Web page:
Now consider that the clustered graph has a -framed drawing. Let and be two positive (negative) literal gadgets connected with a copy gadget. By Property 3, a drawing of is positive if and only if the drawing of is positive. Property 3 ensures that the drawing of a positive literal gadget is positive if and only if the drawing of the negative literal gadget is negative, in case that both are joined with an inverter gadget. Further, Property 1 states that each cycle vertex lies either in a positive or a negative region. Thus, the truth value of a variable can be consistently determined by any drawing of a literal gadget of . By Property 5, the clause gadget has no -framed drawing such that all drawings of the literal gadgets of are negative. Thus, the truth assignment indeed satisfies .

Theorem 3.1

The problem -framed Drawings of Non-planar Arrangements with axis-aligned squares is -hard even when the clustered graph is restricted to vertex degree 5 and the obstacle number of is two.

4 Conclusion

We proved that every clustered planar graph with a planar disk arrangement and a -framed embedding has a -framed straight-line drawing homeomorphic to . If the requirement of the disk arrangement to satisfy condition (P2) is dropped, we proved that it is -hard to decide whether has a -framed straight-line drawing. We are not aware whether our problem is known to be in . We ask whether techniques developed by Abrahamsen et al. [1] can be used to prove -hardness of our problem.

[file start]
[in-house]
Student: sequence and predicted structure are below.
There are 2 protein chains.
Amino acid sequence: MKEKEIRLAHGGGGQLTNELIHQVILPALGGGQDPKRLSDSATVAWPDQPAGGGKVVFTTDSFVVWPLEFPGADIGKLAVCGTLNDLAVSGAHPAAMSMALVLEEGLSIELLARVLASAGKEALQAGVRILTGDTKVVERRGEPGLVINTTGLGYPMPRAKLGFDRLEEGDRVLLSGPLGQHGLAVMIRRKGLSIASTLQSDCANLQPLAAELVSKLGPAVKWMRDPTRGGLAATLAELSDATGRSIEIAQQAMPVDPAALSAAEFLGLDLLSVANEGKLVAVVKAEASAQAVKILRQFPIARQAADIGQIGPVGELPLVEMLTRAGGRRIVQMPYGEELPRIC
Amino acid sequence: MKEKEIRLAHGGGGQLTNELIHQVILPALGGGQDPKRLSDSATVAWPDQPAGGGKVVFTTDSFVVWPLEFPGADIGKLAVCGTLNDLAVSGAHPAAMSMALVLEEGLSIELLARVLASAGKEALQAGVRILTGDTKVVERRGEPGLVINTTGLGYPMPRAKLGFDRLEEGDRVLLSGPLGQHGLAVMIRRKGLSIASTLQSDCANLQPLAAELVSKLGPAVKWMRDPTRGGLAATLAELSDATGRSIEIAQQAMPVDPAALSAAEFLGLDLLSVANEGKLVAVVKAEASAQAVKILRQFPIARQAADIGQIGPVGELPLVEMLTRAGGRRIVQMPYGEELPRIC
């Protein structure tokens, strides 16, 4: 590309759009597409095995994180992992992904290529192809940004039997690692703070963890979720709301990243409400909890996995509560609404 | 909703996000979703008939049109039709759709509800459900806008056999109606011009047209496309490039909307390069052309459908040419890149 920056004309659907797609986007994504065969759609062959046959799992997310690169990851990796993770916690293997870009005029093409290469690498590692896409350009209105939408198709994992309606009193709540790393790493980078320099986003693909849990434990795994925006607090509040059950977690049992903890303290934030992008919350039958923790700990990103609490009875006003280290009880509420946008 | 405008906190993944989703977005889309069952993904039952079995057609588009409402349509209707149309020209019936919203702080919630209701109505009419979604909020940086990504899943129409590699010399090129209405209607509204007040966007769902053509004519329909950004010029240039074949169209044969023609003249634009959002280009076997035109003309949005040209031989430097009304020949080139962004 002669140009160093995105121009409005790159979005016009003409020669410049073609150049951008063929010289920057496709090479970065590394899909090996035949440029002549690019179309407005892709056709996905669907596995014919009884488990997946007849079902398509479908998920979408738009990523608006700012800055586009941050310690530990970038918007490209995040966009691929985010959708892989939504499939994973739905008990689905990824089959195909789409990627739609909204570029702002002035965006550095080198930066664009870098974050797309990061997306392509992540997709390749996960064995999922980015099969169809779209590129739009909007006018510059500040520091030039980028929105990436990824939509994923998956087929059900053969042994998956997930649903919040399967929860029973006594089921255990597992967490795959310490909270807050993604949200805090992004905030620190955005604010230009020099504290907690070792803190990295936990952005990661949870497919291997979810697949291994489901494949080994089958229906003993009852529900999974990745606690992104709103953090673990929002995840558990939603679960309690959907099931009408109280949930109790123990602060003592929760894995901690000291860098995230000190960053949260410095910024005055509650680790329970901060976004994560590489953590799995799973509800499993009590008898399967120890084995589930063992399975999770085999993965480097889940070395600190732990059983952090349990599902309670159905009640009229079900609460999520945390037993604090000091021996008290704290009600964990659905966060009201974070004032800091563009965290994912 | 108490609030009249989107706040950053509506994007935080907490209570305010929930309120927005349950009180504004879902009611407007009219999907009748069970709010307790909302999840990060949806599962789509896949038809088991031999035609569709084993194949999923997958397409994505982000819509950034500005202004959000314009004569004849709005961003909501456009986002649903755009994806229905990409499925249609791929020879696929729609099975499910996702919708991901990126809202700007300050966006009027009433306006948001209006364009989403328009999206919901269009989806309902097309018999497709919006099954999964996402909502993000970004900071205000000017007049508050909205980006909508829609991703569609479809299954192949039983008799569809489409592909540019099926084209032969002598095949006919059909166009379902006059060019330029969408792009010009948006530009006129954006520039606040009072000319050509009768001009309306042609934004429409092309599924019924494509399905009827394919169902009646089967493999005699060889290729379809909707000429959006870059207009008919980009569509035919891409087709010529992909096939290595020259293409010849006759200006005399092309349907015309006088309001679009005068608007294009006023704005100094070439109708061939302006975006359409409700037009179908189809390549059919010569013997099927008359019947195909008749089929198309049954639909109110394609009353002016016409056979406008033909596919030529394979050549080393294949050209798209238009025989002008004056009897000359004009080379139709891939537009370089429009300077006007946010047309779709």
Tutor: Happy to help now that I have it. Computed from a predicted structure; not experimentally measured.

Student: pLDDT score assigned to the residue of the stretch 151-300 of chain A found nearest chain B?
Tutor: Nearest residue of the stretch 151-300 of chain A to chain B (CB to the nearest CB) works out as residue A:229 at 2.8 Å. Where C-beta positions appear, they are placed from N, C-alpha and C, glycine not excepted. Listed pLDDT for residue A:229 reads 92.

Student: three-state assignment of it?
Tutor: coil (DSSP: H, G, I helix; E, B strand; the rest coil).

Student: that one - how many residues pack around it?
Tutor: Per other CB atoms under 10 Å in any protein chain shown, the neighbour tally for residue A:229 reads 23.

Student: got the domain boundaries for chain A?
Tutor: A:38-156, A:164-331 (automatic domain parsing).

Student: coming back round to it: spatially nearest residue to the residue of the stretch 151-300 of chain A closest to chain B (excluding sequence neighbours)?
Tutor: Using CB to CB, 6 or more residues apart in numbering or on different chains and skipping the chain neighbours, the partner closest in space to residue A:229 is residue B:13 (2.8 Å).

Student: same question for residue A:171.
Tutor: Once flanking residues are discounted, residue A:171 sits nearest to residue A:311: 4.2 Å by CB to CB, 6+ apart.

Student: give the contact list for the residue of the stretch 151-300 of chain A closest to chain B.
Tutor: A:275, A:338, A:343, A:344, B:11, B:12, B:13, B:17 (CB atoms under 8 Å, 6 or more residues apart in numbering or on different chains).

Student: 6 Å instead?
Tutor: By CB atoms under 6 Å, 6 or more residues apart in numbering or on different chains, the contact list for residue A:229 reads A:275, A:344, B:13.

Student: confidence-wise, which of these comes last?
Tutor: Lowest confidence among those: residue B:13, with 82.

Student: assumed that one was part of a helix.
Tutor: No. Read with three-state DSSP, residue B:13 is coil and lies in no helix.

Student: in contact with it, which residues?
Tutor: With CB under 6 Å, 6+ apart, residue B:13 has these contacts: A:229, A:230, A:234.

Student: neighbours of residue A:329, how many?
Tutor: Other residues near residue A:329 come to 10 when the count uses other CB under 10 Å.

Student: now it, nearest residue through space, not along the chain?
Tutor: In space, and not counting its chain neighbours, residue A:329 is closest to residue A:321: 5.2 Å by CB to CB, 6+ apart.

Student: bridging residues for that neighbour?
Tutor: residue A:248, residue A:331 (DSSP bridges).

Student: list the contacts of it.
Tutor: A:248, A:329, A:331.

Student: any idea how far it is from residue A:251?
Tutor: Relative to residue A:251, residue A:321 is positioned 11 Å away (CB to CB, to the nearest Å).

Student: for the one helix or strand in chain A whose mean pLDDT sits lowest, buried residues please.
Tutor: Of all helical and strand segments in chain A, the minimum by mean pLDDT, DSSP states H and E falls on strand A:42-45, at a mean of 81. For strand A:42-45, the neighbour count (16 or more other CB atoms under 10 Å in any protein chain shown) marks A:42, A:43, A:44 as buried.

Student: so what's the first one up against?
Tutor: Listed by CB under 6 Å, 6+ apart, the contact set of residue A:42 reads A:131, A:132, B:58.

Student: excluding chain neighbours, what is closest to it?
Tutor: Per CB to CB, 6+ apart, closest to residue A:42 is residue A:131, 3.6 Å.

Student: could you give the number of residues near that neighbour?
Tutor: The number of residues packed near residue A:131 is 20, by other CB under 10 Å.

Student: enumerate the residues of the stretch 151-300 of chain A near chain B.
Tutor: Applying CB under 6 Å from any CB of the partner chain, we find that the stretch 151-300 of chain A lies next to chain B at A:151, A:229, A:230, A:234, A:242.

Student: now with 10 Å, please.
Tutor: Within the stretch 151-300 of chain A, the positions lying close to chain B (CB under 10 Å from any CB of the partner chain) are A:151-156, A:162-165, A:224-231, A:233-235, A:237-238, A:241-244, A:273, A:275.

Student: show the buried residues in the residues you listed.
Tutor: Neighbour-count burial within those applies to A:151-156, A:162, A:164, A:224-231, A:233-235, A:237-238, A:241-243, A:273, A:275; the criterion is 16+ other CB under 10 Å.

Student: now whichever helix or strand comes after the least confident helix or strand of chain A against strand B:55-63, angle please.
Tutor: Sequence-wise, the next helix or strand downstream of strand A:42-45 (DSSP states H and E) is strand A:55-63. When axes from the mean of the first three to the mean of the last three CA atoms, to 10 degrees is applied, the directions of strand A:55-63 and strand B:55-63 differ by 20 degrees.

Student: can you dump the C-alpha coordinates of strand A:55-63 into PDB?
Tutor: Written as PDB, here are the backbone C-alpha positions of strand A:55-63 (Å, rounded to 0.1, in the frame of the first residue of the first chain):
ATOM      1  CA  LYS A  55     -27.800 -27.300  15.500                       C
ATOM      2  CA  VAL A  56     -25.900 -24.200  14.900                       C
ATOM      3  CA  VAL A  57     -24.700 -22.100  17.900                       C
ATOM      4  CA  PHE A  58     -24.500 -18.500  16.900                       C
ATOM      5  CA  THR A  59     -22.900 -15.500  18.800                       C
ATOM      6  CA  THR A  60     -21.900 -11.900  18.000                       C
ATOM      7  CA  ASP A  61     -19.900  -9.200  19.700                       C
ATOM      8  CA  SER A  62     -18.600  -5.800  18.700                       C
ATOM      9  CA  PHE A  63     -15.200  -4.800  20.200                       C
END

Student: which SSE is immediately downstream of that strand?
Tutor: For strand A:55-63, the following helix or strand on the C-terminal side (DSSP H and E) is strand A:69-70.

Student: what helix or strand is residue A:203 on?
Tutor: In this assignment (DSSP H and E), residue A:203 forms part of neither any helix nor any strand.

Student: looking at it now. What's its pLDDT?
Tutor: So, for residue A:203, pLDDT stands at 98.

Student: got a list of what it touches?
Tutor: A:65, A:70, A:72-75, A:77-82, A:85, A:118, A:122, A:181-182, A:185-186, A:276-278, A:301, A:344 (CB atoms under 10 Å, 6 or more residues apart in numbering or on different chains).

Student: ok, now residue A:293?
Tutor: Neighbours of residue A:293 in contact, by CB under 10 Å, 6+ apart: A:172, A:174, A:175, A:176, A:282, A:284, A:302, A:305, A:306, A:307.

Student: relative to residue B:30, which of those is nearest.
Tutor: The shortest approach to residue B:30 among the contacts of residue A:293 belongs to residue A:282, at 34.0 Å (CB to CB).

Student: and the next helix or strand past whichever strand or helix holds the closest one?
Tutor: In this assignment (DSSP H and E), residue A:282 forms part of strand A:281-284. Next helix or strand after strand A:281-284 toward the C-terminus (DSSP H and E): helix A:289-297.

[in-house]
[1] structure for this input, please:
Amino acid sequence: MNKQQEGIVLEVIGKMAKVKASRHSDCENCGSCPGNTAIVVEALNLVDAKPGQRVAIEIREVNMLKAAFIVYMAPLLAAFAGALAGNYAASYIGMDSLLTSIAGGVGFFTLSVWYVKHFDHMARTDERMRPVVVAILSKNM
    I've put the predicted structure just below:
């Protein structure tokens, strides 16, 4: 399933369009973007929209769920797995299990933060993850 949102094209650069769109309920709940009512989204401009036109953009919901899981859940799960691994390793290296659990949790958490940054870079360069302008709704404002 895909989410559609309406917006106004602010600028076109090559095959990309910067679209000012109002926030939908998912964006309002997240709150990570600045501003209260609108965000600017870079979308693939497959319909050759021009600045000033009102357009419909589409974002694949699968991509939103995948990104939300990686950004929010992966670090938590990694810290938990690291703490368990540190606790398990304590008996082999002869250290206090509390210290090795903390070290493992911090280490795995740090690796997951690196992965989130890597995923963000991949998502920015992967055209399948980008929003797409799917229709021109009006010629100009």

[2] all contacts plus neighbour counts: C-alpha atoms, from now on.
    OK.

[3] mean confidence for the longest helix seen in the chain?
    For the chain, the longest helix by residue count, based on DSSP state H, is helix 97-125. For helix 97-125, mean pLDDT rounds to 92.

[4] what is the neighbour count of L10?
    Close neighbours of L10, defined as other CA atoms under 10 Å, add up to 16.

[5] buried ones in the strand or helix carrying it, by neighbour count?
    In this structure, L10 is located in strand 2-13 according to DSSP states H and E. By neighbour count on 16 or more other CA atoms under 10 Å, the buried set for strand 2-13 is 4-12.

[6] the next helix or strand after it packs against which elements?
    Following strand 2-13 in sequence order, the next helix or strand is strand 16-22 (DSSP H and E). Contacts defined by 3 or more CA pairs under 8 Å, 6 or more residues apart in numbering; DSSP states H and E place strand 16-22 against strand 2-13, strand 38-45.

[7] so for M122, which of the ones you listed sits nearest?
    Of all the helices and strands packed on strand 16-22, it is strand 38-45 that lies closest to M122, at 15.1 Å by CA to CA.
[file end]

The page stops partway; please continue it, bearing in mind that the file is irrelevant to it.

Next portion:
Angelini et al. [4] showed that if is not embedded and all squares have the same size, it is -hard to decide whether has a -framed drawing. They posed as an open problem whether the same is true for embedded graphs. In our construction, the squares have constant number of different side lengths and the side length of the largest square is 32 time longer then the side length of the smallest rectangle. We conjecture that our construction can be modified to show that it is indeed -hard to decide whether a clustered graph with a non-planar arrangement of squares (disk) of unit size and a -framed embedding has a -framed drawing that is homeomorphic to . Further, we ask whether the obstacle number can be reduced to one.

References

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Appendix 0.A Drawing on Non-Planar Disk Arrangements